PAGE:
The bigger factor for ships can be summed up in a single word: insurance.
Even if the owners of a ship feel like bearding the Russian dragon in a sea that it has long considered home territory, and even if Turkish naval vessels are tagging along, it’s unlikely that the large international companies that insure ships at sea would be willing to provide coverage for ships heading to Ukrainian ports in these conditions. A ship owner might be willing to put a ship and its crew at risk, but they’re probably not going to do it without the prospect that any disaster will be covered by a check.
According to the U.N., under the terms of the Black Sea agreement, Ukraine has exported 16.9 million tonnes of corn and 8.9 million tonnes of wheat. Over 4.4 million tonnes went to the World Food Program, making Ukraine the primary source of food for the millions of people served by the WFP. Right now that supply line to the rest of the world has been cut off by the direct action of Vladimir Putin.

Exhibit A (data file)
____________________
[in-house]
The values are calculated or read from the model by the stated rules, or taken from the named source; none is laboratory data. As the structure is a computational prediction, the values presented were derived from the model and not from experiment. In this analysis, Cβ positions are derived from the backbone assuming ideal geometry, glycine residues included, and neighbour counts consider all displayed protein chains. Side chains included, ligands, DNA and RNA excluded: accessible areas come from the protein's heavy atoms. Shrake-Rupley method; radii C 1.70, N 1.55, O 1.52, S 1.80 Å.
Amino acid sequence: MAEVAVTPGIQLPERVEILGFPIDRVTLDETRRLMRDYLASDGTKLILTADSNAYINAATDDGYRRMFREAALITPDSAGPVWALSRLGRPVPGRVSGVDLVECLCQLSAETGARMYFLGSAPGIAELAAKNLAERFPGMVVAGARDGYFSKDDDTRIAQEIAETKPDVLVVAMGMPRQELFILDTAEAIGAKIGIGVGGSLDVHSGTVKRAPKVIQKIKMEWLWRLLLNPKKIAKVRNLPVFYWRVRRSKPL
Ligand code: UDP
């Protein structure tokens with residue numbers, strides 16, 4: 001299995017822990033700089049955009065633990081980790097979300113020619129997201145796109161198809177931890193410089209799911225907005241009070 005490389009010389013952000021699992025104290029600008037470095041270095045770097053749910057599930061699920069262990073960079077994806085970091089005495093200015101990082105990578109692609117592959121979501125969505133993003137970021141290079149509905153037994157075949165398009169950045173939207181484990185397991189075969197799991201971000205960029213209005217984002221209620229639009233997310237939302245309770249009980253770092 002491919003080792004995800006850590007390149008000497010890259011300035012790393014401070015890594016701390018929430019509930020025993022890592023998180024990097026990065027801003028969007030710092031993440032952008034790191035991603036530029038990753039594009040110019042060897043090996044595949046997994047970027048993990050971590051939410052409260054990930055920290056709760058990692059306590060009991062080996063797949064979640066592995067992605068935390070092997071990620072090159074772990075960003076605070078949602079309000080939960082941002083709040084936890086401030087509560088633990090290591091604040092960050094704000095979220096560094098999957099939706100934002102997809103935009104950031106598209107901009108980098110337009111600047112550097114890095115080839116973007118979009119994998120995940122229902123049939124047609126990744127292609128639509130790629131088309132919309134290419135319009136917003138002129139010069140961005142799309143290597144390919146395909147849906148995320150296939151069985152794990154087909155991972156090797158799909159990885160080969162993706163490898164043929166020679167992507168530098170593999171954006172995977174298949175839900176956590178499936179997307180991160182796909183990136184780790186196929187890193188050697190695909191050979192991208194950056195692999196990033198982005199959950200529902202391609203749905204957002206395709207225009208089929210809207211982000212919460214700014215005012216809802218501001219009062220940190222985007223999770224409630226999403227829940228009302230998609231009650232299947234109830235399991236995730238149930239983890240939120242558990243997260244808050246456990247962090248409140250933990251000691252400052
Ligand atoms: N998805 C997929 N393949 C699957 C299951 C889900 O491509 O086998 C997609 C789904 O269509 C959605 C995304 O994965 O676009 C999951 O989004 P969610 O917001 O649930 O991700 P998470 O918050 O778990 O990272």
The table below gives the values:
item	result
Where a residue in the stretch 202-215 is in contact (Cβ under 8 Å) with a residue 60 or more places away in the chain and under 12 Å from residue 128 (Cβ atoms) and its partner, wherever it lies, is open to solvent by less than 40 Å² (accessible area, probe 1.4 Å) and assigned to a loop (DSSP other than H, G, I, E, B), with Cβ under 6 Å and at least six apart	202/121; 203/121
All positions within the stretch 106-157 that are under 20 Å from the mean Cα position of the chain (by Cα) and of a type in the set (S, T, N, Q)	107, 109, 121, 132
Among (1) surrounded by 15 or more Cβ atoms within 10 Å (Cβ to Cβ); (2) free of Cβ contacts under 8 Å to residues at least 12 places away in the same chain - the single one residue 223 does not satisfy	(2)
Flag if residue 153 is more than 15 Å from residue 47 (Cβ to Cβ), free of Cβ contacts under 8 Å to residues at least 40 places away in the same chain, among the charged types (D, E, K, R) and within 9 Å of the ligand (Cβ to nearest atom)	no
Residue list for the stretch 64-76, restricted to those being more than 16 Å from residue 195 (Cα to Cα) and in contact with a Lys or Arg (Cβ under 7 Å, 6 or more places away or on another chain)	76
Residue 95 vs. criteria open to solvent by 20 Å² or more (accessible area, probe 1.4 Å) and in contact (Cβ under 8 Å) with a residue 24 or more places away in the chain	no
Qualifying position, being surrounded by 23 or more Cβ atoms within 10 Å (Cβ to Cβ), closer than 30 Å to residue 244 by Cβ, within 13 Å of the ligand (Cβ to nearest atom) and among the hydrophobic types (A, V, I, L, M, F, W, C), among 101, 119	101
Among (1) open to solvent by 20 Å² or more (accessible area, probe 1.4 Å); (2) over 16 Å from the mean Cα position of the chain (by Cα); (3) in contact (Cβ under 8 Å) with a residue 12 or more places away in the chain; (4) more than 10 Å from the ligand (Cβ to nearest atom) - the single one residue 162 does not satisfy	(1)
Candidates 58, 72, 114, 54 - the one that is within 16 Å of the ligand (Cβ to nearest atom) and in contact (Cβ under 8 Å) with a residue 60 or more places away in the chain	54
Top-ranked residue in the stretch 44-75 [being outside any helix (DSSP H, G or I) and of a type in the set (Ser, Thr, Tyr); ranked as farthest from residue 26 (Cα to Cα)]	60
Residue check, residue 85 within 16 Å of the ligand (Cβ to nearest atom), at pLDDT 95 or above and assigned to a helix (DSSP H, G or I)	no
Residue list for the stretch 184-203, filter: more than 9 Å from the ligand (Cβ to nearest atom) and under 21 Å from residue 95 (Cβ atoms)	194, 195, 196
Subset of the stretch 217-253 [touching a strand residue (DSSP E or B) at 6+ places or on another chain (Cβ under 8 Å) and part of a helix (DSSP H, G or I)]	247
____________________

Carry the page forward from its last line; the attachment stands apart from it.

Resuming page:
The attack on Odesa seems designed to underscore the end of the grain deal, but the destruction there hasn’t been limited to the area around the port. In this latest round of attack, the Ukrainian general staff reports that Russia launched:
32 Shahed-136/131 drones from a base in eastern Crimea
16 Kalibr cruise missiles from ships stationed in the Black Sea
Eight Kh-22 cruise missiles from Tu-22M3 “backfire” bombers over the Black Sea
Six P-800 Oniks cruise missiles from coastal batteries in Crimea
One Kh-59 missile from a Su-35 jet over the Black Sea
Ukrainian air defenses reportedly intercepted 23 drones, 13 Kalibr missiles, and the Kh-59. However, that still left 11 drones and a dozen missiles to strike targets around the city. Air defenses in Odesa are good, but the number of devices coming at the city in a coordinated attack clearly overwhelmed those systems.
Putin will not be attending BRICS conference
The Russian dictator may be threatening nations that try to provide grain to a starving world, but he’s also clearly afraid to step outside the boundaries of the areas where people still fear his military.